LONDON – The U.K. is launching a £28 million (US$34.5 million) project to sequence the whole genome of every COVID-19 patient in the country treated in intensive care, with the aim of uncovering host genetic factors that lead some people to be more severely affected by the infection. The study will involve up to 20,000 people currently or previously treated in one of 170 intensive care units (ICUs), whose genomes will be compared to 15,000 people with a confirmed infection who had mild or moderate symptoms.
LONDON – The extent to which existing DNA databases fail to reflect human genetic diversity is laid bare in the most geographically comprehensive sequencing initiative to date. The study applied the latest sequencing techniques to 929 genomes from 54 diverse populations around the world.
Beyond every binary is a more complex reality. And so it is with driver and passenger mutations. The separation of tumor mutations into drivers and passengers underpins much progress in the development of targeted therapies.
LONDON – The genomes of 38 different tumor types and the 47 million mutations that fostered their growth are revealed in unprecedented detail in 23 studies published in Nature and other journals on Feb. 6, 2020.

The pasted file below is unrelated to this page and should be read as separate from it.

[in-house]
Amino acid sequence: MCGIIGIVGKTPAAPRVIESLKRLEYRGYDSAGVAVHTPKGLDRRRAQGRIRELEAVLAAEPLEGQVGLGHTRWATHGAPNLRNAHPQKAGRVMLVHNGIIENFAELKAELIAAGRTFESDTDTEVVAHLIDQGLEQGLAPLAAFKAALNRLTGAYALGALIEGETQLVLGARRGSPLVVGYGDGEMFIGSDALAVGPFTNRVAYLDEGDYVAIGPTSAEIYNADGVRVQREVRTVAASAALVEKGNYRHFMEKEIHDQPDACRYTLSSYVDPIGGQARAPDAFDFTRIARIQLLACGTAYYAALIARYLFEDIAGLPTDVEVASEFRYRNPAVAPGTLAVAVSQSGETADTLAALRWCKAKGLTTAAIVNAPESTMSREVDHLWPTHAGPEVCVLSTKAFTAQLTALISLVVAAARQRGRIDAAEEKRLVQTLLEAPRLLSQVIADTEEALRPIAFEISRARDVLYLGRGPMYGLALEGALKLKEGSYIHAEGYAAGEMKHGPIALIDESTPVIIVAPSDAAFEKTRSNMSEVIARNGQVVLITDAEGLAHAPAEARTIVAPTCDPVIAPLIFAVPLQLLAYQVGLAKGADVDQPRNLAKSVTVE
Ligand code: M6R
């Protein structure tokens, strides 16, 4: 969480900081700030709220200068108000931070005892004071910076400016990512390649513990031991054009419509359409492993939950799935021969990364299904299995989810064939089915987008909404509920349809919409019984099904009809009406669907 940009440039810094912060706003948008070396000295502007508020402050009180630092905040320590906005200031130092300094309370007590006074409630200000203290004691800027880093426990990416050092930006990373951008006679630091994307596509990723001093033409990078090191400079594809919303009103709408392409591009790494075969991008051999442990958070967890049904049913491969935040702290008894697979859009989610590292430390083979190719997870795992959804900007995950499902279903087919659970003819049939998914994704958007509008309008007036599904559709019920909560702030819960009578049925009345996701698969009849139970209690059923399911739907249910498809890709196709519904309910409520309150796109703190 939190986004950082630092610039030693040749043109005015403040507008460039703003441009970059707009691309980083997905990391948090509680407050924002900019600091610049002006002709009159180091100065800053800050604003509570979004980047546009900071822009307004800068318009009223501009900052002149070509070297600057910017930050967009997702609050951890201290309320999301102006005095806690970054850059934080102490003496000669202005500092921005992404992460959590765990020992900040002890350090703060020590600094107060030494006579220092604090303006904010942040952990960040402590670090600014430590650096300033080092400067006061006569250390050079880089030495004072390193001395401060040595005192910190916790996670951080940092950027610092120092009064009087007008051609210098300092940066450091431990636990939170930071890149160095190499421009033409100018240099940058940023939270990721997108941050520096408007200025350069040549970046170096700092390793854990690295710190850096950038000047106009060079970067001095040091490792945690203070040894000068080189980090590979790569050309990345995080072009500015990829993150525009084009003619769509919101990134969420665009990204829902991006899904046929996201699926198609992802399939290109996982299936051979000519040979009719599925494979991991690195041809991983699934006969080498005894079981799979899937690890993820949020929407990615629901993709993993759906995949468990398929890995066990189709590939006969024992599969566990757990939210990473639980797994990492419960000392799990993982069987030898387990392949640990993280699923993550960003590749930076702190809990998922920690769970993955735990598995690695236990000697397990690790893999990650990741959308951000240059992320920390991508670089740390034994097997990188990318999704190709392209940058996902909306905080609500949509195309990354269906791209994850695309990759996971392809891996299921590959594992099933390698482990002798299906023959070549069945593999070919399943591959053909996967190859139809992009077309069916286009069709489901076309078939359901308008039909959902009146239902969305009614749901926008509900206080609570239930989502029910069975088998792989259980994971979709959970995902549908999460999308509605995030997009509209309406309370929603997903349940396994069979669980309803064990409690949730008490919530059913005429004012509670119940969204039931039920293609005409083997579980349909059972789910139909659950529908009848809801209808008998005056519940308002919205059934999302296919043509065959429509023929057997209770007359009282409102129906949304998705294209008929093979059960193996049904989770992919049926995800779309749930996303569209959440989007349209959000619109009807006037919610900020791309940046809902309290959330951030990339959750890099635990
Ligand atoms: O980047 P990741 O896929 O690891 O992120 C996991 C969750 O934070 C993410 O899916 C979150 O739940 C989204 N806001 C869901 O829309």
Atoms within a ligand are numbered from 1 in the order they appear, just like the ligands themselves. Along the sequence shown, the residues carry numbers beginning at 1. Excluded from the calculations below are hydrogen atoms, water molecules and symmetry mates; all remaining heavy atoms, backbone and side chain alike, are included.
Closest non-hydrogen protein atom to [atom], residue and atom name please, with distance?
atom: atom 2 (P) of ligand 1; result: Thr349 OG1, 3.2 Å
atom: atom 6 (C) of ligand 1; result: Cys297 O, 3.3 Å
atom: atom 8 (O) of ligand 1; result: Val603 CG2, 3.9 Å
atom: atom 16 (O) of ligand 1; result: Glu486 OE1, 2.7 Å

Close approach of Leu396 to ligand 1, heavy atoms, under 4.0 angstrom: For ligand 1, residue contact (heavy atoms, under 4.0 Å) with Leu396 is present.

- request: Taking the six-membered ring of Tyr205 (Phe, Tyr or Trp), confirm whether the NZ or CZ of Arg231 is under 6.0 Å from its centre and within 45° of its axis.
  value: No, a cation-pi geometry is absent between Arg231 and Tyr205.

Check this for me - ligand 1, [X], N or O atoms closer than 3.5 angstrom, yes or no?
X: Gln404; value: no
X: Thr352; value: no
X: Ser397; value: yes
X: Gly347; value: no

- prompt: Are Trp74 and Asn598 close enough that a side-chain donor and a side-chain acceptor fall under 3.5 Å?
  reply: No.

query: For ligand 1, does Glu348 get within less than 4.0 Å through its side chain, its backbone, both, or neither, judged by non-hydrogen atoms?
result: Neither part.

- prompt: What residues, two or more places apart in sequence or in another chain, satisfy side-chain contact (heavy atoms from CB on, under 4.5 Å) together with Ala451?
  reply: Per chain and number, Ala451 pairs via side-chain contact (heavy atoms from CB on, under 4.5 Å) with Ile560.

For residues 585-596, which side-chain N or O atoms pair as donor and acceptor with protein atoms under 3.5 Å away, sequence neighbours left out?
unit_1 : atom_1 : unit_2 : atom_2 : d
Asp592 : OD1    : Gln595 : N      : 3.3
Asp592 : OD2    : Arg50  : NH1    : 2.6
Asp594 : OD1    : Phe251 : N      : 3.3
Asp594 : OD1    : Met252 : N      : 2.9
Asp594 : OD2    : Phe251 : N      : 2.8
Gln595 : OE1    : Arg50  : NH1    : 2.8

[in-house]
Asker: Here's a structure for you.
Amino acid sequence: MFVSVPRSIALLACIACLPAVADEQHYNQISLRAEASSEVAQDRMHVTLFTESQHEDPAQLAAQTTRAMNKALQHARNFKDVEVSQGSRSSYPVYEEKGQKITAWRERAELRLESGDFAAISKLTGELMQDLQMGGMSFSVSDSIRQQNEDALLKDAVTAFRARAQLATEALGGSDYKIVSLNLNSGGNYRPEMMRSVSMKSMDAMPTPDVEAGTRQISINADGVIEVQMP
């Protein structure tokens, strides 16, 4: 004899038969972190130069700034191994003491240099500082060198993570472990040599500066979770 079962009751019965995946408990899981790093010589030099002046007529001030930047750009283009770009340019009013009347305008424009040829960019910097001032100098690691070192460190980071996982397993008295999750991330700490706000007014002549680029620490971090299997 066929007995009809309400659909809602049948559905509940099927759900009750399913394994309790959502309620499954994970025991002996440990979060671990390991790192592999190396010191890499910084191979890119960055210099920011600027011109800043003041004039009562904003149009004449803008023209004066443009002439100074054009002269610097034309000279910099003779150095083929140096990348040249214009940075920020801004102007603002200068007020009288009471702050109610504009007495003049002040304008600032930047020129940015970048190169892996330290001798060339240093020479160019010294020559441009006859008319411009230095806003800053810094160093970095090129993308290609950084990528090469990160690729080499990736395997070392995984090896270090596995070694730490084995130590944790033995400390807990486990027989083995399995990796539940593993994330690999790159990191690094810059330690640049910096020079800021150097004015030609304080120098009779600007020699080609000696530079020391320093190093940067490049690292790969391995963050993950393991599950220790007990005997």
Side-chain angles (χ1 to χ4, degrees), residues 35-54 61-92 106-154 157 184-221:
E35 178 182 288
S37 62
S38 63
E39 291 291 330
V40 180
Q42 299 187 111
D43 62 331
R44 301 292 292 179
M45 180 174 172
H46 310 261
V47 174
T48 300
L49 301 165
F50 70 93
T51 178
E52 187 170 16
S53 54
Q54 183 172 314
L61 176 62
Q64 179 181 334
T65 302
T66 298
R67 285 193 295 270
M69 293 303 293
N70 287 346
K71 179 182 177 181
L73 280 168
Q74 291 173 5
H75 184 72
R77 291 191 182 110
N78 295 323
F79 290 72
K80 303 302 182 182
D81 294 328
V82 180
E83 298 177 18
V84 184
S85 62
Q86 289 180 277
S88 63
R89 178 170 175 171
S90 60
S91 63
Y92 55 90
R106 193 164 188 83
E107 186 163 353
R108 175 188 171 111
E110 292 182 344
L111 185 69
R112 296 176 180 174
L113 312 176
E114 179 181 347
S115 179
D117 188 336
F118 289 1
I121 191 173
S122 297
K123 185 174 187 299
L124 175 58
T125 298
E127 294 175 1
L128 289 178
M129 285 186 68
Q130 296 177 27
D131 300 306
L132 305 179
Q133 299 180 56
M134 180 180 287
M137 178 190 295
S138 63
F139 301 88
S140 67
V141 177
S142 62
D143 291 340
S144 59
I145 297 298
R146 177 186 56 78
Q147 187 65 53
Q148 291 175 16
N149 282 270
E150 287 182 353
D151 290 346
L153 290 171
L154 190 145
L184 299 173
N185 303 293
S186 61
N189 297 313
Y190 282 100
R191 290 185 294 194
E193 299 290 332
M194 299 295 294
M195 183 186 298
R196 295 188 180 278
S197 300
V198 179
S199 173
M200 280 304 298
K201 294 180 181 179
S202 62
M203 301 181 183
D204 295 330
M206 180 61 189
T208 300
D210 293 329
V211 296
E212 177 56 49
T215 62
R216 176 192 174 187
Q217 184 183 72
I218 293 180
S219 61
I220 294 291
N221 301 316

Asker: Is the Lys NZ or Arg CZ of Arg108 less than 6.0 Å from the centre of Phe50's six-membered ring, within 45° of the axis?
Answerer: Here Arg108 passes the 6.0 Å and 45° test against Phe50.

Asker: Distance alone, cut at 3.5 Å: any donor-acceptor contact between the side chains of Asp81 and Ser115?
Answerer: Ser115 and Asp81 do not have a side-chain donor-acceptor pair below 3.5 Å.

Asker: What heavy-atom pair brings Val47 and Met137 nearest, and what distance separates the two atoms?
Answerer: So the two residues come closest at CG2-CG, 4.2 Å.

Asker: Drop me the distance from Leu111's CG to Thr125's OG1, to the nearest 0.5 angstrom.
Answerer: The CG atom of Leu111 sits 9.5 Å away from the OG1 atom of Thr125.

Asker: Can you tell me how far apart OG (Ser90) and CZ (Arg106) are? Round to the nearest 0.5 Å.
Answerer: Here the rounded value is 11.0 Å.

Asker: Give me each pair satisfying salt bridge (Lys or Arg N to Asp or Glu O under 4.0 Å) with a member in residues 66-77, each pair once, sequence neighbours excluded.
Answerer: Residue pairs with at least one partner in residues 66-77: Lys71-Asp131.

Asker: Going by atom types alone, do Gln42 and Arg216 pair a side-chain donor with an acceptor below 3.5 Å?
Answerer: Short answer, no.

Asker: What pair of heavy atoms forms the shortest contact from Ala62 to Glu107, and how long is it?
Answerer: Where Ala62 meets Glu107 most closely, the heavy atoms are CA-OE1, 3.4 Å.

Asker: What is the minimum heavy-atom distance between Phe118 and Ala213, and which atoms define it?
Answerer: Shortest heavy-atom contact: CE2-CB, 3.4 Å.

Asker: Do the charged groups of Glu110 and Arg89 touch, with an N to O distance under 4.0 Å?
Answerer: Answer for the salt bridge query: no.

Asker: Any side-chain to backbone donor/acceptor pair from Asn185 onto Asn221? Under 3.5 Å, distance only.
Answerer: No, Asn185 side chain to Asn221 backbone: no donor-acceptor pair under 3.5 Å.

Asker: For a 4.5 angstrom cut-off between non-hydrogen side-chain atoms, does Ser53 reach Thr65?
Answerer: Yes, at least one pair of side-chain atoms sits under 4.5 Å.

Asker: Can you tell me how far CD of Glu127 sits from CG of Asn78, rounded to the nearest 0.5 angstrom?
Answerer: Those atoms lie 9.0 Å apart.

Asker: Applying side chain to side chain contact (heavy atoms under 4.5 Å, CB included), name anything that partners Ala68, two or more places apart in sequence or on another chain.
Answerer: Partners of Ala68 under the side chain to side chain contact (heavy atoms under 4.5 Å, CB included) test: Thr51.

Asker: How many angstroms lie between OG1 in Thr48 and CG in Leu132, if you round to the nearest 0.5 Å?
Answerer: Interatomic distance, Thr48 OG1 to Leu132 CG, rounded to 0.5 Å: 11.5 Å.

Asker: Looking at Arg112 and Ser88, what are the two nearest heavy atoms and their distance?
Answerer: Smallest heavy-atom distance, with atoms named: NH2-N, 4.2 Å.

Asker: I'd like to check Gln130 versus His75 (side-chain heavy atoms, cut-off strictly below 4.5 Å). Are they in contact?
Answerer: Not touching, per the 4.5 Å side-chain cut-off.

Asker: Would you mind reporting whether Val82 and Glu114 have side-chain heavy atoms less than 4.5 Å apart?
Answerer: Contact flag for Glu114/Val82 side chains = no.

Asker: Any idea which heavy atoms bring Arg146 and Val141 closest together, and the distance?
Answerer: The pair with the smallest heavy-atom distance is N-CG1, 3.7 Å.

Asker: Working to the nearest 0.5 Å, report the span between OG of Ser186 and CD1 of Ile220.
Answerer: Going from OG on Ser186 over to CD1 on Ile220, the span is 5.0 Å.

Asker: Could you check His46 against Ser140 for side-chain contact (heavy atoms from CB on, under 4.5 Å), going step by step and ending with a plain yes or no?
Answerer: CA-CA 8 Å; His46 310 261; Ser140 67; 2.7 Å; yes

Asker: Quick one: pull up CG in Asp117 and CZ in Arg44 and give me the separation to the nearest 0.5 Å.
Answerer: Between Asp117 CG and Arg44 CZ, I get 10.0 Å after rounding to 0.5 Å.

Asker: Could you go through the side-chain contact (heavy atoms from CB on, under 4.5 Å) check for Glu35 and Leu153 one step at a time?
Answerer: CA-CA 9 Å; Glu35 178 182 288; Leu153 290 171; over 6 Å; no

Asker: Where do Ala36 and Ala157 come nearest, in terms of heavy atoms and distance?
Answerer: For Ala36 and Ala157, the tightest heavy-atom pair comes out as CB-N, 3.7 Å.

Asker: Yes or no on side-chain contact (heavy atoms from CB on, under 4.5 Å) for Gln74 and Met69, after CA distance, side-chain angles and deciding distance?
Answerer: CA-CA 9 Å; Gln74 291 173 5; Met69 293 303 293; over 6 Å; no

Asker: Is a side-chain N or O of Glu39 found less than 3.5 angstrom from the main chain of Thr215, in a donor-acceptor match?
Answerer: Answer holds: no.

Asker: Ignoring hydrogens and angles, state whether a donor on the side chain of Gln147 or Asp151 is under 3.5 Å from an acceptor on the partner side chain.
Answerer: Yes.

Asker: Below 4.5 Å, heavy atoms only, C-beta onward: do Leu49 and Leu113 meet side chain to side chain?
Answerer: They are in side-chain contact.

SAN FRANCISCO – Major genetic research efforts designed to encompass millions of people globally have been setting up their infrastructure in recent years to serve both researchers and patients. This work is being done by major national initiatives, such as All of Us in the U.S. and Genomics England in the U.K., as well as by health care systems such as Intermountain and Kaiser.
Genome sequencing is enabling new insights into the genetic aspects of health and disease that have touched just about every aspect in biomedicine. It is also, like the “skin”-colored crayons of yore, disproportionately focused on the Caucasian segment of the population. And that is a loss for everyone.
The leucine-repeat rich kinase 2 (Lrrk2) gets most of its attention in the context of Parkinson's disease (PD). Variants in Lrrk2 are a major cause of familial PD (though familial PD makes up only a small fraction of overall PD cases).